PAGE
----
This year Ready for the Road Ahead is taking on a new direction. It is one that follows the grand theme of sight in all aspects which runs throughout Scripture. My weekly writings will be excerpts from a book of the same name which should be published (Lord willing) later this year.
Photography is an art built on two main components- light and sight. Without some form of light and its interaction with the subject pictures would not exist. Sight involves an observant eye to notice and discern what will be worthy of someone’s attention. Good photographers are constantly on the lookout for interesting things to photograph. Most of the time they will take pictures of the typical things which inspire and are beautiful: a sunrise or sunset, children, majestic vistas or flowers to name a few of the more common subject matters. But great photographers are the ones who see more than just the typical things of beauty. Sometimes they see an object that others would not necessarily deem beautiful but thanks to their particular vision is something that is now deserving of another look.
God is not in the business of seeing objects or people in the same way we do. The Old Testament is replete with people chosen by God who would probably never live up to our standards for leadership. Moses was a murderer. Gideon was a coward. Jacob was a liar and a cheater. But “odd” leadership choices are not limited to the Old Testament. Most of the disciples were not “religious” people. Peter, Andrew, James and John were business owners in the fishing industry (Mt. 4:18-22; Lk.5:1-11; Jn. 1:35-42). One disciple was a political activist, another a skeptic (Lk. 6:12-16; Jn. 1: 43-51), and one a despised tax collector (Mt. 2:14-17; Lk. 5:27-32). They were not the kind of people you and I would choose to begin a ministry but they were the people Jesus called.
I had been leading a study series on the Tabernacle when I stumbled upon a unique passage. What struck me about this passage was the definitive way the Lord identified a particular man to design and oversee the construction of the Tabernacle and the nature of that identification (Ex. 4:1-4 and following). What struck me first of all was how Bezalel’s lineage was so specific. The second aspect of this identification also impressed me. Bezalel had been given a special infusion of “the Spirit of God”. If Bezalel was a photographer, he would not just be taking pictures of the sunrise over Israel’s wilderness camp he’d be taking pictures of unique subject matter just like me. The Lord is quite clear that Bezalel is more than your average artisan and just so Moses doesn’t miss it the Lord says to Moses, “SEE”. While the verb is basically what you would expect, the literal action of seeing with the eyes, it can also include the idea of giving attention to something (Jer. 2:31) or to take heed (Ex. 10:10). In other words the Lord was saying, “Don’t miss this!” He was encouraging Moses to see Bezalel in the same way as the Lord saw him.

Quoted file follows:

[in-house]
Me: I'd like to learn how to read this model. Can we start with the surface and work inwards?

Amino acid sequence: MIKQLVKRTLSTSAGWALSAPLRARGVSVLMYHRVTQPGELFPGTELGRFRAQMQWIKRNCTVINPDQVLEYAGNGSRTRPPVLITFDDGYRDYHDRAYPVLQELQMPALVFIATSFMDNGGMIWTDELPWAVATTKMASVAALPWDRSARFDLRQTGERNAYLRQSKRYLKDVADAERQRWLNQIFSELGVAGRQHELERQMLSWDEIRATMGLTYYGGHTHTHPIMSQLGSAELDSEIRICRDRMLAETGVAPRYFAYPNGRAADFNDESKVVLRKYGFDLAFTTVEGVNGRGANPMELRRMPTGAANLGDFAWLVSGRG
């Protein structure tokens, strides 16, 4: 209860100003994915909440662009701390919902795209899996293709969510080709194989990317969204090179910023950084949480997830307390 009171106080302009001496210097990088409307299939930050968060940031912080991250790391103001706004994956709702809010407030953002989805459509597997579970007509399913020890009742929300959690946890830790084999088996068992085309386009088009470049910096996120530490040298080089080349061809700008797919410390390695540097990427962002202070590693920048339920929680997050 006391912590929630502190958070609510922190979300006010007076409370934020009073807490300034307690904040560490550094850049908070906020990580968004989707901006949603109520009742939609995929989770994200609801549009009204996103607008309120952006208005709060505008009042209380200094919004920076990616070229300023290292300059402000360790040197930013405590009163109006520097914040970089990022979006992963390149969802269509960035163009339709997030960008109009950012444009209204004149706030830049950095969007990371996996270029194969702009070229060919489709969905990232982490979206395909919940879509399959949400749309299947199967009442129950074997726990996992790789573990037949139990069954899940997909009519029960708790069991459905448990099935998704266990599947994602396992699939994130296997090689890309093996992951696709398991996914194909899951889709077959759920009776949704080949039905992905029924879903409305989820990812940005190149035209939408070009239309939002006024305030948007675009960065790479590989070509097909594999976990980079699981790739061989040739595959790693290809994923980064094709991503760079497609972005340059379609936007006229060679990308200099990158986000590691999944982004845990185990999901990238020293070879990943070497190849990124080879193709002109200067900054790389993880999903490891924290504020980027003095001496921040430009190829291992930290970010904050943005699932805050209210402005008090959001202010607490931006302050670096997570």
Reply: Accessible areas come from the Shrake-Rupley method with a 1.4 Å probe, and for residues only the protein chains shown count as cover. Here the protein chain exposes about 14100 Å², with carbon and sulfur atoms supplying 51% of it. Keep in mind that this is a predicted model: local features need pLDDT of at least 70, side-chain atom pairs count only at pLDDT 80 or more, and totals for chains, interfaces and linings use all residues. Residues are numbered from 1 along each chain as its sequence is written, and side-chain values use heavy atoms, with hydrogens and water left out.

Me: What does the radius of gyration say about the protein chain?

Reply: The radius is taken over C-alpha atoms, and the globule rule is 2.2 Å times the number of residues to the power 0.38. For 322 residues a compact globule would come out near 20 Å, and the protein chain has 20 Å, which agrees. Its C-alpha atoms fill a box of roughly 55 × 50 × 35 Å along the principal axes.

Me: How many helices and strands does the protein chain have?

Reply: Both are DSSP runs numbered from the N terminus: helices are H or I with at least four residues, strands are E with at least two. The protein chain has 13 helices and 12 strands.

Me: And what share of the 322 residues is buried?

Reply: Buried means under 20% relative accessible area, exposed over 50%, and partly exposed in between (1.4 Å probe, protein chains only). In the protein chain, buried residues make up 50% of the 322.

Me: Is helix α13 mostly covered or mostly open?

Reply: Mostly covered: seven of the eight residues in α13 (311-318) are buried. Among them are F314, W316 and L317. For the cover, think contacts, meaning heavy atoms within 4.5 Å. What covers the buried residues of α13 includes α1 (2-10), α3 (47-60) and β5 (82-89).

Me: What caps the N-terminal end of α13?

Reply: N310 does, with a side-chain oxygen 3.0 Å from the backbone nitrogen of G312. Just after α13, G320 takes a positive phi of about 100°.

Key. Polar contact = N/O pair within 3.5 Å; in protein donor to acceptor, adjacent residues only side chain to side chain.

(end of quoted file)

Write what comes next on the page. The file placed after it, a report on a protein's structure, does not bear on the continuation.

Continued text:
The Bible is quite clear that the Lord sees all His children this way. He has given each a unique personality, character, set of skills and one or more spiritual gifts. We no longer have to be specially equipped to fulfill His calling in our lives as Bezalel was. From the moment we trust Christ as our Savior that Spirit has taken up residence in us so that now He is an active part of all that we do. And DOING is what He wants from us. We may not be called to evangelize unknown territories or run ministries but each of us is called to use what we have, where we are, whenever we can. Several passages encourage us to do everything, even the most mundane actions, for the Lord (Mt. 5:16; 1 Cor. 10:31; Col. 3:17, 23-24). He may call and empower me to do something great like He did with Esther (Est. 4:13-14) or He may use me in simpler ways (Ecc. 4:9-10), but by His Spirit I am fully equipped to do anything He asks me to do.
If I truly believe that God not only sees but knows my potential, then I must believe He sees the same in others. But do I? Scripture admonishes us to encourage one another (1 Thes. 5:11; Heb. 3:13) but am I doing that? I can grab my camera and see beauty in rusty chains and dilapidated buildings. But am I mindful that people can be the same? Their rusty spots and peeling paint are things of beauty that the Lord is about to use to bring glory to Himself. Like Moses, I must listen when the Lord says, “SEE, I have called (Bezalel) and put My Spirit in them” because His camera sees the greatest pictures of all. And I should know- I’m one of them. So, why not others too?
Ann H. LeFevre, M. Div.
https://www.annhlefevre.com; Olivetreeann@mail.com; https://www.linkedin.com/in/annhlefevre; https://www.facebook.com/ann.h.lefevre